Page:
It is absolutely merit based. This is both a pro and con. The pro being as I said earlier, your background doesn't matter, you just have to put in the work. This is also a con however, as through earning a degree for most majors, you do by proxy get industry experience by applying for internships as well as joining relevant clubs around campus. For example, I have a friend in nursing who is currently going through as one of her courses being an intern nurse for one of her clinics, where she is getting real industry experience while earning credit for college. This makes it much easier for when she gets her actual job to say she has experience in the field. It is also much less based on your project background as well. You're more than likely going to be given a chance to at least get to the interview portion if you have some decent level of charisma when talking to HR for a job. For computer science you might not even get that far based on the work you put into your project.

It's also time consuming in general. You have to take the time to learn this stuff no matter how you do it, which is a huge time sync. Other majors are like this as well, but the difference is with compsci you have to study along with also free styling a project as I explained above with it being merit based. Studying in college in particular you will be studying some things you may never use again such as assembly.
0
0
Updated
Share a link to this answer
Share a link to this answer

Ken’s Answer

The best parts of studying computer science in college are learning about the many intricacies of the technology which drives our society. If you live on campus you'll have the chance to spend almost unlimited time with others who are also pursuing similar interests. The worst part of studying computer science in college is that it can be very time consuming and challenging major. You'll find yourself studying a lot more than students with easier majors and it's easy to feel like you're missing out of some of the social experiences that others have more time to indulge. It is a well respected course of study though so when you graduate you are likely to have interesting work opportunities.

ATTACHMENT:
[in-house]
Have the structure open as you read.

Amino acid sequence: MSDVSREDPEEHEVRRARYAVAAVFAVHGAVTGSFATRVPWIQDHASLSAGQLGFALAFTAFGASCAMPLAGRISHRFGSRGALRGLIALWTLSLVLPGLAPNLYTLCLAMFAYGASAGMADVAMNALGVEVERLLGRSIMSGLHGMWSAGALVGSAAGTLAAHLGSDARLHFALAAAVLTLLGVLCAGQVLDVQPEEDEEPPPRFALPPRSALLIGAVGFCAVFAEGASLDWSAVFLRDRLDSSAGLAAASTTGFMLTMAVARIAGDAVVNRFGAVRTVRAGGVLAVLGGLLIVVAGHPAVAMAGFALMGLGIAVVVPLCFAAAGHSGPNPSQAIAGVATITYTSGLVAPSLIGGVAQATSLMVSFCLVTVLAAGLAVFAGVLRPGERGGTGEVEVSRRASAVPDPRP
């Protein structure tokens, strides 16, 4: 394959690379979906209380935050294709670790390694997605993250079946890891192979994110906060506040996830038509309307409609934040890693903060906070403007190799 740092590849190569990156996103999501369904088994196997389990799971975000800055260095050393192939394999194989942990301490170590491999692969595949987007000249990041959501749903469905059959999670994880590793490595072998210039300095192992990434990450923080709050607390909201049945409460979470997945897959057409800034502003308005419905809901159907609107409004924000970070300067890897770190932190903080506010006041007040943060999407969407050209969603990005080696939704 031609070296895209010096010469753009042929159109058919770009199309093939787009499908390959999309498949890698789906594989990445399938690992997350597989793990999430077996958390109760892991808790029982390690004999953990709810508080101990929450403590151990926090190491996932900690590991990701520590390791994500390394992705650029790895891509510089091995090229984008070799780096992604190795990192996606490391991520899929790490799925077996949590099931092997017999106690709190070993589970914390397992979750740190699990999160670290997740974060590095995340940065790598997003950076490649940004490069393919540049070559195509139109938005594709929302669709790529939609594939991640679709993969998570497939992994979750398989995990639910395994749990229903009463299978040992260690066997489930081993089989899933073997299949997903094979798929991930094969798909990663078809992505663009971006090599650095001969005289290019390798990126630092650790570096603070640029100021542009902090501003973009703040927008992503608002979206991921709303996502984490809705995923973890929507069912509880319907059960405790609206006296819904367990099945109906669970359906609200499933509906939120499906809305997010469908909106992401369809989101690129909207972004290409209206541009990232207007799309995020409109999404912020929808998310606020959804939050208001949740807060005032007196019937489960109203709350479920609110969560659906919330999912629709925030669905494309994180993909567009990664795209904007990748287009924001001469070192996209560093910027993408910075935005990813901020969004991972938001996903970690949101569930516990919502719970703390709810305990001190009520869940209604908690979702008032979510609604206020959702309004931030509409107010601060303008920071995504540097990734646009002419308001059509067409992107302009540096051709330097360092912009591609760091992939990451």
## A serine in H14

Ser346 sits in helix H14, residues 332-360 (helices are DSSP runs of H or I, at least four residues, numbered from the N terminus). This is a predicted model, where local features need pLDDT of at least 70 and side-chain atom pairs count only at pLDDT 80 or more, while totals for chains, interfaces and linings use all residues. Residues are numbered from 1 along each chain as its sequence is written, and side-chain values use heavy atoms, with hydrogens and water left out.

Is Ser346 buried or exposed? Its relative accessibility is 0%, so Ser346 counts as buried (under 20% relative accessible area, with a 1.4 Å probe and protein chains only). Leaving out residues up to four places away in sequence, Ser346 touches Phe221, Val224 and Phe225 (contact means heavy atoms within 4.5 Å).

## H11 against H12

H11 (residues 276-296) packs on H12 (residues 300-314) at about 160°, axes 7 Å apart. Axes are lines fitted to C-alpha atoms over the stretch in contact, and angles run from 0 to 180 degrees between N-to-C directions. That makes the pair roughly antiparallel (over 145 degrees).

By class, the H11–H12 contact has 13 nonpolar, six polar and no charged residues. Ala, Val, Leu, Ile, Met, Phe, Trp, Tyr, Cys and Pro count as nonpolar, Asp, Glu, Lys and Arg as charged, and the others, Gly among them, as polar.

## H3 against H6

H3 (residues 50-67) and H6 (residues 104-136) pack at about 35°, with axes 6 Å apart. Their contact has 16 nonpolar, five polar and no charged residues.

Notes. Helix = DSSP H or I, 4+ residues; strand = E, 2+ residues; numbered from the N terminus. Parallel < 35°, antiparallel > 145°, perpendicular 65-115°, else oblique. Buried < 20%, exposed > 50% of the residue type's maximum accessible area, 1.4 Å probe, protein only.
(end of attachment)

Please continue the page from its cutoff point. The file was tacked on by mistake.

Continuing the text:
0
0
Updated
Share a link to this answer
Share a link to this answer

Phong’s Answer

The best parts about being a computer science major is that you learn all of the amazing things you can build using code from desktop applications to machine learning software, the possibilities are endless.
The downside of this major is that it can be rather difficult at times, spending countless hours coding to complete a project before its due. But, if you stick with it, you will surely pass your classes and achieve your computer science degree.

Now each college will be different in how they teach their computer science classes, but for mine, the first few computer science classes are aimed to be tough so that they can remove all the students who aren't as dedicated to the field. Do your best to survive those first few classes and then from then on, the difficulty should be consistent from one class to another. You will notice that the further you get into the major, the smaller and smaller your class sizes are. You might start in a classroom of 150 students your freshman year and be in a class of 25 students in your junior year.

When deciding on your elective classes, try to take as many as you can in different fields so you can get a feel for what you want to do after college, whether it be in web development, desktop application development, AI, database management, etc.

Good luck!
0